Note: This article is part of an Ecoworldly series on the topic of bicycling. This week our writers are discussing the activity and its importance in a number of countries around the world. Please check at the bottom for links to more entries and check throughout the week for additional entries in this series.
In some places in Peru it is just as common to see people bicycling as it is driving cars. Most Peruvians cannot afford cars and for this reason, bicycles provide an excellent, inexpensive means of quick transportation. Peruvians also are masters at modifying their bicycles in creative ways so that they can be used to transport goods and tools for their work and businesses. Fruits, vegetables, construction materials, ice cream, meat, bananas, pets, and countless other items can be transported by bicycle, when a cart has been added. Unlike in the United States though, these aren’t your everyday bicycle carts.
The Most Common Bicycle Adaptation in Peru is Putting a Cart in Front of the Bicycle (and Unlike a Cart in Front of a Horse, this Strategy Works)
While there are other adaptations made to bicycles here, it is most common to see people who have attached large carts to the fronts of their bicycles (see the photo above for an example). One of the things I find most interesting about this adaptation is how when people drive these large, bulky creations, they almost never crash into other objects like cars. People learn how to maneuver these bicycle-carts down narrow streets with extreme accuracy. I also wonder if the drivers of these carts build monster calf muscles. I can’t even imagine bicycling with all of that weight while maintaining vigilance for oncoming traffic. Occasionally, though you do see people walking with their carts, rather than riding with them.
So why do Peruvians put their carts in the front of their bicycles rather than the back? I can only speculate, but I have two major guesses for why this is so. The first is that it helps the owner of the bicycle to make sure that none of her or his goods are being stolen. Theft is a problem in Peru because of the extreme levels of poverty here, and if you can’t see your possessions, then they might be as good as gone. The other reason I might figure for the cart being placed in front is for the personal safety of the bicycle rider in the event of a crash. It should provide some buffer for the rider if they, for example, have a banana-cushion in front of them. But I guess, if it’s bananas, then a crash could also cause a humorous incident of people slipping on the peels! (please, please… I know, your knee must be hurting after all the slapping that’s been going on after reading that past sentence. Also, has anyone ever actually seen someone slip on a banana?) Readers, any idea why the cart is placed in the front? Is it matter of balance or stopping the cart?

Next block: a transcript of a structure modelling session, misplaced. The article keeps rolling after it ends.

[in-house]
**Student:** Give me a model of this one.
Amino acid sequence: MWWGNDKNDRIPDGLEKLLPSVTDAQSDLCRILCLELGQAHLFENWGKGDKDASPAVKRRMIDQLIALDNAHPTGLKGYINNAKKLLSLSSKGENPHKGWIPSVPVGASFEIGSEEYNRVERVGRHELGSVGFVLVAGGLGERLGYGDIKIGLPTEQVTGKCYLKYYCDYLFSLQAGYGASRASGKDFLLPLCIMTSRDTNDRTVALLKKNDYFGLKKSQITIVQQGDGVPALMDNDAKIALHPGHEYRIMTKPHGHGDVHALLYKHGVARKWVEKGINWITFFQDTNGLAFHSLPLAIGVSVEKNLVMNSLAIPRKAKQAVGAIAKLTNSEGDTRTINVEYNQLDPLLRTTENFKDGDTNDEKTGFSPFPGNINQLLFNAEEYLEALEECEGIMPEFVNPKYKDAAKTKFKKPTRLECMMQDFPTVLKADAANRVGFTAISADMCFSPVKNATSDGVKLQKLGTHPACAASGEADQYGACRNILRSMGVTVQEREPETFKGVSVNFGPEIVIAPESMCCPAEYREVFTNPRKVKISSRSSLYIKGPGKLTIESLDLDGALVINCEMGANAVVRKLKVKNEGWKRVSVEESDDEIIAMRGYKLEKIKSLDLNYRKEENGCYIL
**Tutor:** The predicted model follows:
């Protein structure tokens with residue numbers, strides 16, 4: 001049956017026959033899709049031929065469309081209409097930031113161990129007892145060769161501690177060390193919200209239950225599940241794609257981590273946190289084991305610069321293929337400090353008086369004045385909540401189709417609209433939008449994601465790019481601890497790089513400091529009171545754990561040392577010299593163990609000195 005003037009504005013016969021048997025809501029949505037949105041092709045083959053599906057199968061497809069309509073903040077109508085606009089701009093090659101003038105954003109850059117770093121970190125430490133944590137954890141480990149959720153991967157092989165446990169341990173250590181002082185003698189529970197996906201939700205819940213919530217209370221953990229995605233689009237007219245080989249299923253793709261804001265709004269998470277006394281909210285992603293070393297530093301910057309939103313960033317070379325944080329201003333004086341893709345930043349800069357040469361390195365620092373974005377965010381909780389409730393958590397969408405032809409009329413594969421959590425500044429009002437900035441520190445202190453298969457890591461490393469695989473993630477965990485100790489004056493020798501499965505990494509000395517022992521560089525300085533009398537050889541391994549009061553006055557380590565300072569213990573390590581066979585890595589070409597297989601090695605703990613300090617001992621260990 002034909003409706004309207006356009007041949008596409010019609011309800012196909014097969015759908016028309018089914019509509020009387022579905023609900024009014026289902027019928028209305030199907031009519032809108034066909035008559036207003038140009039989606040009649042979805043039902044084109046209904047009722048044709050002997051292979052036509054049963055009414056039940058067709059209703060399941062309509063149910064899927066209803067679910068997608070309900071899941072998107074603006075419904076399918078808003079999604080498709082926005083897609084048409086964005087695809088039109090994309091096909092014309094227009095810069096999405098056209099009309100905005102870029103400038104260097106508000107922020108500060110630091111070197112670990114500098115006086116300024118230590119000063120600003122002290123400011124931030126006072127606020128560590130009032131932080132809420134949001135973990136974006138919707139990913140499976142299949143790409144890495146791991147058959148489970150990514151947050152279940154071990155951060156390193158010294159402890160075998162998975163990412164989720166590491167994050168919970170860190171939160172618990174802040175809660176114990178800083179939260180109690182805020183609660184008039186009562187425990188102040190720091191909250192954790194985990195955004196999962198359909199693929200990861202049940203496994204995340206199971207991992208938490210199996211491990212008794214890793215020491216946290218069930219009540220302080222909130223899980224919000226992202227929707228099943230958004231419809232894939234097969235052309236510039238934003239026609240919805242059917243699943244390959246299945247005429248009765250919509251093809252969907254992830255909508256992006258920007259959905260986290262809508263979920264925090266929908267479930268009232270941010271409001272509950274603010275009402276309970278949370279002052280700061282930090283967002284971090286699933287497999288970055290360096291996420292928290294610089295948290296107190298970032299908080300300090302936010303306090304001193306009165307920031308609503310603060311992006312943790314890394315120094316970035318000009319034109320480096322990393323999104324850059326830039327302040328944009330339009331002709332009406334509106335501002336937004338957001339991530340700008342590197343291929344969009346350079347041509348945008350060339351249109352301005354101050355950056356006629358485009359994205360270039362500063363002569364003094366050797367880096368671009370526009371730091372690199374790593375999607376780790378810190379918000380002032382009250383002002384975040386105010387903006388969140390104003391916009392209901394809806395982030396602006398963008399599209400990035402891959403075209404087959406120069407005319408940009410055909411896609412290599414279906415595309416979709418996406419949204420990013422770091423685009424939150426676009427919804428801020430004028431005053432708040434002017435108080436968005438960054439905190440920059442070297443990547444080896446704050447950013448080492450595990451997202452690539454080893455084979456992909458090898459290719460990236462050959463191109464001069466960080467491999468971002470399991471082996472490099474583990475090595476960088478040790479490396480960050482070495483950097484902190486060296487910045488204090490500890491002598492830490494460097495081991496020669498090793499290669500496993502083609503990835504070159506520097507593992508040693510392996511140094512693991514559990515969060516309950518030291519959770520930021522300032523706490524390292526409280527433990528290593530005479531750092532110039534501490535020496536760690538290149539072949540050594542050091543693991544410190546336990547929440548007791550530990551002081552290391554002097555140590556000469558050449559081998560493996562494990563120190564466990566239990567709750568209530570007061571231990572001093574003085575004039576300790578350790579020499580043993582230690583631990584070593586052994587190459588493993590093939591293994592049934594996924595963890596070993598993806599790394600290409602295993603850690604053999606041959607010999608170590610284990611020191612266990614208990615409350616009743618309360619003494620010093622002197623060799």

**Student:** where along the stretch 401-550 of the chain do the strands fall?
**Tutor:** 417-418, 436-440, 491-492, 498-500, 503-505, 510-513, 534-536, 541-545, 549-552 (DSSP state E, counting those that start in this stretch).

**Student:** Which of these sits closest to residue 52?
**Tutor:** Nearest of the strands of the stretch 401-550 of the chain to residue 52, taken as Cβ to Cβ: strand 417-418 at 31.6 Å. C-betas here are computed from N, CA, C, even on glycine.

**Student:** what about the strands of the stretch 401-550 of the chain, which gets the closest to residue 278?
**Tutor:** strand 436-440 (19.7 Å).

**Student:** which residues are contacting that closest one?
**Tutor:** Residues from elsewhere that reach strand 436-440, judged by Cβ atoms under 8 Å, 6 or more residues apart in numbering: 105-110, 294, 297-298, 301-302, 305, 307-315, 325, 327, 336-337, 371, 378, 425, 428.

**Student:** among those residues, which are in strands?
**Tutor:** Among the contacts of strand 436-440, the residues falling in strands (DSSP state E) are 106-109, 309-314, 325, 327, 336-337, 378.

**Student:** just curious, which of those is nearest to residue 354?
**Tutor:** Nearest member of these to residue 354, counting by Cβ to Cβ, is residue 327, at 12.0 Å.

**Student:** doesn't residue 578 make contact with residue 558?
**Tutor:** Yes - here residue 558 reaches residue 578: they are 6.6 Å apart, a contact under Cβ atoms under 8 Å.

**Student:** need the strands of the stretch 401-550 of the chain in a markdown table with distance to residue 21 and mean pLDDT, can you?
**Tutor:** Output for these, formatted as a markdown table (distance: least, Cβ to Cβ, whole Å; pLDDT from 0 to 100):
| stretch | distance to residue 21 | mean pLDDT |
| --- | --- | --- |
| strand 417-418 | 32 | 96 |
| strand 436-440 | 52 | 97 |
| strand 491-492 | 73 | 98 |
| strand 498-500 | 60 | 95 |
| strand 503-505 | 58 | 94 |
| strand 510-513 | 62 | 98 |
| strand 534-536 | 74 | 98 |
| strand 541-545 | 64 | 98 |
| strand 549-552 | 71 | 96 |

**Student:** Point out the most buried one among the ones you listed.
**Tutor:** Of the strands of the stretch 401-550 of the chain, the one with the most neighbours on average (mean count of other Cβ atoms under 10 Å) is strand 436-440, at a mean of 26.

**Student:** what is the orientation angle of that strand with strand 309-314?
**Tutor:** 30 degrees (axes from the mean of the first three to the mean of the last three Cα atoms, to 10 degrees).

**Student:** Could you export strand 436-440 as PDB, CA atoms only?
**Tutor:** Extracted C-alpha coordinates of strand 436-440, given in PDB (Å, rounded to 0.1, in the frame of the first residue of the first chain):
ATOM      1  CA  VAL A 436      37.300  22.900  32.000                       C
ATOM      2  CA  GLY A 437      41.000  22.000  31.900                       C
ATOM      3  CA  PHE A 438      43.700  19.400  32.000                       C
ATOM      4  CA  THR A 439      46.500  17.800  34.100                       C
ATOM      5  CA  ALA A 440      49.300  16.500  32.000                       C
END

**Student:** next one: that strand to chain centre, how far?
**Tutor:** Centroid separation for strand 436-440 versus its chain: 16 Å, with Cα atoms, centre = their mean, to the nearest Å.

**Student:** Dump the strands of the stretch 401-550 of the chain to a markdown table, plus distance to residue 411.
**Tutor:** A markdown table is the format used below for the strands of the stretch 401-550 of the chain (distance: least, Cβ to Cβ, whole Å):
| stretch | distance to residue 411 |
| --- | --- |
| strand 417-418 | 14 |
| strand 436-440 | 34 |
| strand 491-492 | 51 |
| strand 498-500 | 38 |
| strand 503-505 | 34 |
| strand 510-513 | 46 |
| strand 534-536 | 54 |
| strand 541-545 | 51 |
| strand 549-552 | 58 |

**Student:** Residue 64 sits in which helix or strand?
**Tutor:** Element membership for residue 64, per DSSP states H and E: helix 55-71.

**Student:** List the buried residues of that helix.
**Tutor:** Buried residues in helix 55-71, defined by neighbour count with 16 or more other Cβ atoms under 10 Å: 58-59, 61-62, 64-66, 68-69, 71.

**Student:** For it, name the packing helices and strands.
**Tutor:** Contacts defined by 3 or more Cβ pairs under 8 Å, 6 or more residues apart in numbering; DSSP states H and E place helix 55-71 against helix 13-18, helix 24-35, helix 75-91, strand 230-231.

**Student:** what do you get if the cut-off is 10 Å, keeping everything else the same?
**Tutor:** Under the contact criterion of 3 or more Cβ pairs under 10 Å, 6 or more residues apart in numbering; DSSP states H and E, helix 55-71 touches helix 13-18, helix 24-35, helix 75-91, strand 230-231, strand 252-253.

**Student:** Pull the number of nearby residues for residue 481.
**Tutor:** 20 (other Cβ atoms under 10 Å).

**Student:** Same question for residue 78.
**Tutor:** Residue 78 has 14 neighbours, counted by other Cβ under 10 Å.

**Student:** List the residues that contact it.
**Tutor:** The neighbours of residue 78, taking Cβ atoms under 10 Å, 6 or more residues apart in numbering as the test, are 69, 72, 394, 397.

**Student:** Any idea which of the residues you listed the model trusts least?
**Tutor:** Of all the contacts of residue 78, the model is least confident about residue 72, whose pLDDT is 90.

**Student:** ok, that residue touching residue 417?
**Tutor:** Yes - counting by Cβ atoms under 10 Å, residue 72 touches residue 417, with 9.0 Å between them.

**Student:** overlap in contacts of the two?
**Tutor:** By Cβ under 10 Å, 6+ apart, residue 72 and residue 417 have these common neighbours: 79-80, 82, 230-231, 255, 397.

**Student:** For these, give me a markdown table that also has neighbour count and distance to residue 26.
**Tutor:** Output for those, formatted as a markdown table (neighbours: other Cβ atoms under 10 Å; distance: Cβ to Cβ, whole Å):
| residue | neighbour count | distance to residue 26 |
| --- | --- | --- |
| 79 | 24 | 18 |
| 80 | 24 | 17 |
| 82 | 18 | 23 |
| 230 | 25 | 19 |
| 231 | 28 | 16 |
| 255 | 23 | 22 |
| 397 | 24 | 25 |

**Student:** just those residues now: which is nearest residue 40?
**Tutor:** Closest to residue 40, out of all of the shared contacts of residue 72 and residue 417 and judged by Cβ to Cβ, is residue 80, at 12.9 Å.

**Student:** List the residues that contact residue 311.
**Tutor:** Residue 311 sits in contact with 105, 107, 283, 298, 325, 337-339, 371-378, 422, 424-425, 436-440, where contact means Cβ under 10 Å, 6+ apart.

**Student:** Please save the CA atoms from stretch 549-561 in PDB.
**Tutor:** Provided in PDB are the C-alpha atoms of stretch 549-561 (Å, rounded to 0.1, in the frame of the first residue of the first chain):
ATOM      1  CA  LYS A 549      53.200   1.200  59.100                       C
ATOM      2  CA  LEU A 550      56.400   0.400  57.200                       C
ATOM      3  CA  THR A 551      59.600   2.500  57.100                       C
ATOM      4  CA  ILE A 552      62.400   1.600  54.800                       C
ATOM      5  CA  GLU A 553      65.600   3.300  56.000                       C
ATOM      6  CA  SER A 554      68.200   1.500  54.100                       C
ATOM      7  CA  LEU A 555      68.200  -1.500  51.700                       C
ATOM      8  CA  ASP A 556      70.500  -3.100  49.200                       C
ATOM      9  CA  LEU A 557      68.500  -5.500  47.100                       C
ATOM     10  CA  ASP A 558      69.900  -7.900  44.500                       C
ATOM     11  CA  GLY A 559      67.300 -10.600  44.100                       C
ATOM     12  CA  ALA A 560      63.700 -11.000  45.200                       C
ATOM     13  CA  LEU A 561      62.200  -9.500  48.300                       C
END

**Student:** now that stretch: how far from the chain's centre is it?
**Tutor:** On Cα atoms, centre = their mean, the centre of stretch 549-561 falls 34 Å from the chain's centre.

Bicycling, Although Practical and Inexpensive, Can Also be Dangerous in Peru
It is more common in some Peruvian cities than others to see people riding and using bicycles. In Peru’s capital city of Lima, for instance, if you don’t know what you are doing you are likely to get killed bicycling. I used to ride my bicycle regularly in Boston, so I feel confident in my assessment of the matter. The aggressive style of driving most Limeños are accustomed to using makes bicycling dangerous, as ad-lib maneuvers are common by drivers trying to get where they want to go as quickly as possible.
In other cities, where the mood is more likely to be calmer (or it least more manageable), you are more likely to see more people bicycling for pleasure and for transportation. In the rainforest city of Iquitos for example, there used to be numerous taxicholos, bicycles modified to have seats for paying passengers. Now, there tend to be more mototaxis, motorcycles adapted to have seats for paying passengers. Probably the reasons for this change include the added speed of motorcycles, their added safety in comparison to bicycles (safety from other vehicles that is), and the advantage provided to the driver, who does not need to use as much strength and energy this way.
I am Planning to Come Visit Peru this Winter, is There Anywhere Where I Can Bicycle?
Yes! Don’t be intimidated by the comments made above. There are many places in Peru where bicycling can be safe and fun. Companies often guide biking tours throughout Peru and there are also countless roads outside of major cities that can make for beautiful and enjoyable rides. Many tour agencies and companies in Peru rent bikes and also lead tours. Some good resources for learning more about bicycle tours in Peru include this website and also the website for Cicloturismo Peru (Cycle touring Peru).
Other Articles in Ecoworldly’s Bicycling Series
If You Want a Blissful Sex Life, Don’t Ride a Bike! by Sam Aola Ooko
Cyclists & Pedestrians– An Uneasy Mix by Mark Seall
Photo Credit: Levi T. Novey ©